By the second week of my residency in Brighton, myself and my collaborative partner Juss Heinsalu, have begun to explore ideas around the possible evolution of non biological life forms, of moving away from the centering of the human experience for defining life, de-anthropomorphism. We are examining how life forms at the edge, struggling to survive, fighting for every opportunity to exist, procreate, to become a permanent part of an ecosystem.
As humans now live on a precipice, it is 100 seconds to midnight, our very existence is challenged, we wonder how a non human defined entity might try to communicate with us, perhaps a warning of the affects of our behaviour, perhaps they have already warned us, and the slow geological time of communication means we have not heard this communing that has been attempted over thousands of years. We have as Foucault defined, a need to order things, with humans at the top defining and categorising all other forms of life and non living things. Yet our presence here is a matter of seconds in geological time, and while it seems our impact is exponentially greater than it should be for a fragile species, perhaps another entity can remind us that we are a willow the whisp, a trace that might not leave a mark for anyone to explore if we erase our own existence. Perhaps the very earth, stone, soil, rock, shell, that we stand on is/has already warned us.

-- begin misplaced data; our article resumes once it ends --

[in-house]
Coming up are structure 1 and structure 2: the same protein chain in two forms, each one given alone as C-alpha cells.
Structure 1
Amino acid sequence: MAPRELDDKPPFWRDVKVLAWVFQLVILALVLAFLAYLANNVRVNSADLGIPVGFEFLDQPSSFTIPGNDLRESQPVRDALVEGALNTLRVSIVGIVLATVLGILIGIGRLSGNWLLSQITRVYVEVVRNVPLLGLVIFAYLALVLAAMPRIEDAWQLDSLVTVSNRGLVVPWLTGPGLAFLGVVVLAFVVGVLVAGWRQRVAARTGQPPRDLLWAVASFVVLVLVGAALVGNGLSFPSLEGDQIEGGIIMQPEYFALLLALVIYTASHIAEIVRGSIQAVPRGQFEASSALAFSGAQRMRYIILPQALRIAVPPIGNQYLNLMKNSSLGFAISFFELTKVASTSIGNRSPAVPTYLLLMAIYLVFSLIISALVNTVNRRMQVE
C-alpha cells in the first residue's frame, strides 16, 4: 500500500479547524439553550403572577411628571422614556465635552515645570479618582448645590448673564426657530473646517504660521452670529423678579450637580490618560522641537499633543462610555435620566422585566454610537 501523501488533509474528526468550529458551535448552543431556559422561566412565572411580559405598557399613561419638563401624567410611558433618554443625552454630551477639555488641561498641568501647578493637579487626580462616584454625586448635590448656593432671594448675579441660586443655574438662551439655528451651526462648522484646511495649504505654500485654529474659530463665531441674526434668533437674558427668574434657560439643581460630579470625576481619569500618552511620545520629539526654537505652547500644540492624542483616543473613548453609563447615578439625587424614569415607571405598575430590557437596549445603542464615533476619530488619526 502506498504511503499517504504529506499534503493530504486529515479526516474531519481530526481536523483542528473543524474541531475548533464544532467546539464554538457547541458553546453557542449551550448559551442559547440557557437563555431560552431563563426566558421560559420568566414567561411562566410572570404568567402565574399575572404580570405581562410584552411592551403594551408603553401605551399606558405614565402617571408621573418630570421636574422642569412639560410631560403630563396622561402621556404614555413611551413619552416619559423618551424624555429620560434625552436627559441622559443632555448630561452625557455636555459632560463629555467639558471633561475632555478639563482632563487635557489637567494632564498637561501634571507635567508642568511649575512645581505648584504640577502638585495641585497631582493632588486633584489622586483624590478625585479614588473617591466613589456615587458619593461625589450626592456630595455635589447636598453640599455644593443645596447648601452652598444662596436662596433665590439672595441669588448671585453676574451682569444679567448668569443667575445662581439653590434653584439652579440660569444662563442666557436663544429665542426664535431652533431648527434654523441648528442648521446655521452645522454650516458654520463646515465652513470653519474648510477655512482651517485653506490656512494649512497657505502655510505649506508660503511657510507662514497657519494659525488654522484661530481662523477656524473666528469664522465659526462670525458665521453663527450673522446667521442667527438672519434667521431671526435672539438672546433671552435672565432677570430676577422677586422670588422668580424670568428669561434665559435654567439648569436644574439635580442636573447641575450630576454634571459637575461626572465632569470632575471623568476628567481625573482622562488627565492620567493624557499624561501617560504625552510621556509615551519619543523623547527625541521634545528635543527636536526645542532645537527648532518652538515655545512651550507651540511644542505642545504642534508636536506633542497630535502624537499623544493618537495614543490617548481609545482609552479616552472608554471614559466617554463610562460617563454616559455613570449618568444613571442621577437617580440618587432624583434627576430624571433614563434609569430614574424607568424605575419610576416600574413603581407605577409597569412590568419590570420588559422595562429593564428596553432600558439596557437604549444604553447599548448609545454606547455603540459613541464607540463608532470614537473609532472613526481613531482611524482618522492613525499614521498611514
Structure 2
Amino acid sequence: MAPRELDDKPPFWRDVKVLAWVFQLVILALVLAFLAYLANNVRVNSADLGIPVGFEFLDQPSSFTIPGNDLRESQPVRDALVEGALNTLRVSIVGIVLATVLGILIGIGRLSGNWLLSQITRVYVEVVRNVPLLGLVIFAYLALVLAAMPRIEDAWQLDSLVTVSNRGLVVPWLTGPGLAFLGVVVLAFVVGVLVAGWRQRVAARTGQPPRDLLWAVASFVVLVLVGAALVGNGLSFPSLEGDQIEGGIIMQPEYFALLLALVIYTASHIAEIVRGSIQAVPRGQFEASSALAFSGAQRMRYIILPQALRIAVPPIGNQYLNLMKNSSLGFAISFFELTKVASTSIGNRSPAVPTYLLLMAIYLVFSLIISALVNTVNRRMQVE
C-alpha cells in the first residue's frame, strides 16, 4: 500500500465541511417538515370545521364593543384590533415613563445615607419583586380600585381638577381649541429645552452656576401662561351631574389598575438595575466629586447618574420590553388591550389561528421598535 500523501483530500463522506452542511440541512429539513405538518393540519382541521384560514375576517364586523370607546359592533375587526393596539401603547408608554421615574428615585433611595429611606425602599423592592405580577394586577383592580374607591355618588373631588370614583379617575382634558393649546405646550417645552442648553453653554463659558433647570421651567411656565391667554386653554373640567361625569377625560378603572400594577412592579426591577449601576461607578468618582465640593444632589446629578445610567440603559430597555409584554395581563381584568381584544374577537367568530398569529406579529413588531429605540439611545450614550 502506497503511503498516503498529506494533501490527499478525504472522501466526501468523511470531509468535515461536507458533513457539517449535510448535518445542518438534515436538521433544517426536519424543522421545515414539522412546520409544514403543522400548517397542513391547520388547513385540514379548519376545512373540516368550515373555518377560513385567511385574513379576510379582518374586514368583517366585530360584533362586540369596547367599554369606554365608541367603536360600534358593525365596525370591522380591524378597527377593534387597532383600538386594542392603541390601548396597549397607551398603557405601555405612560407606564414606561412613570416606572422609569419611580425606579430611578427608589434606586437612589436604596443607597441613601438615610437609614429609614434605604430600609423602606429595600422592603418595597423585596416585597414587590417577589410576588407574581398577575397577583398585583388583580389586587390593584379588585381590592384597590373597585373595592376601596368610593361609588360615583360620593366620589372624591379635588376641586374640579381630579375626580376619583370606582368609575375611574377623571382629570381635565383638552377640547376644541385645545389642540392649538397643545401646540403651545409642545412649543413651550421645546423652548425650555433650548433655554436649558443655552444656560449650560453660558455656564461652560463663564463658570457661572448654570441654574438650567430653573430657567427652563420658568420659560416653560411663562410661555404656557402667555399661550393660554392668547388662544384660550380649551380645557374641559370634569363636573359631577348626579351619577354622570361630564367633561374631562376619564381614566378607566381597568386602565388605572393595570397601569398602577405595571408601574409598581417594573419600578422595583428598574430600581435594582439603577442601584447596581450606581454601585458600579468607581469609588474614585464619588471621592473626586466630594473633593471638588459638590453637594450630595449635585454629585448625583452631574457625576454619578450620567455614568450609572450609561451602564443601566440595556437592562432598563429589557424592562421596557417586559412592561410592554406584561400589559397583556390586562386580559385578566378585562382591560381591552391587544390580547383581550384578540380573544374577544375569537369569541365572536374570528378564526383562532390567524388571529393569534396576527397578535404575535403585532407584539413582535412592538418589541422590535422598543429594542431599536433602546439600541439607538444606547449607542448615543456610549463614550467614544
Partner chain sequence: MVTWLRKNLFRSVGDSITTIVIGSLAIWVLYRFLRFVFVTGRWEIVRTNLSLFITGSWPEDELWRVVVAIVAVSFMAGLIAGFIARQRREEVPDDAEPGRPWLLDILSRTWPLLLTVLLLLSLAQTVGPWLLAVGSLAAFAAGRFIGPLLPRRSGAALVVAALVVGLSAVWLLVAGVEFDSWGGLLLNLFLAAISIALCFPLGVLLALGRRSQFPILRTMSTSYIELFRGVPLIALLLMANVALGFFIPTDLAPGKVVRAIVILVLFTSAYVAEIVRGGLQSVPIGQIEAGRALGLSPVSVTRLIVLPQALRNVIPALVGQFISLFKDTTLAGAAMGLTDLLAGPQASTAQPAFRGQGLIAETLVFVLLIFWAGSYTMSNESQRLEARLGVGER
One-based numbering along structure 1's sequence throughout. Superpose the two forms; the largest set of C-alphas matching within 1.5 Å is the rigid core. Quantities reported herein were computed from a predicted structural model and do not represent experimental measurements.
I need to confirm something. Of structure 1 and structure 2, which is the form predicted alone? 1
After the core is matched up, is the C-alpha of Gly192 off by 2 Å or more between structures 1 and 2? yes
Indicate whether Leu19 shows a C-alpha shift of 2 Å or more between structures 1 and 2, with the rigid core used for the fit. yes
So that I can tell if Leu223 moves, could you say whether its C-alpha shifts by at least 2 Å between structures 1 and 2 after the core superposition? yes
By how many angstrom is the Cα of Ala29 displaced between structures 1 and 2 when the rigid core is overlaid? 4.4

Our first experiments are to examine the life of soil, sand, rock, remembering how definitions, categorisations of life have changed, evolving with human understandings of what constitutes a biological life form, for example coral as a living breathing life form, a forest as not a space of single trees, but a biodiverse system, mycelium, which connects and communicates and interacts with different species.
Next stages are to give voice/resonance to this communication from geological time, think the Ents and Entish, “You must understand, young Hobbit, it takes a long time to say anything in Old Entish. And we never say anything unless it is worth taking a long time to say.” Lord of the Rings
This research project is funded and supported by i-Portunus and the Ceramic House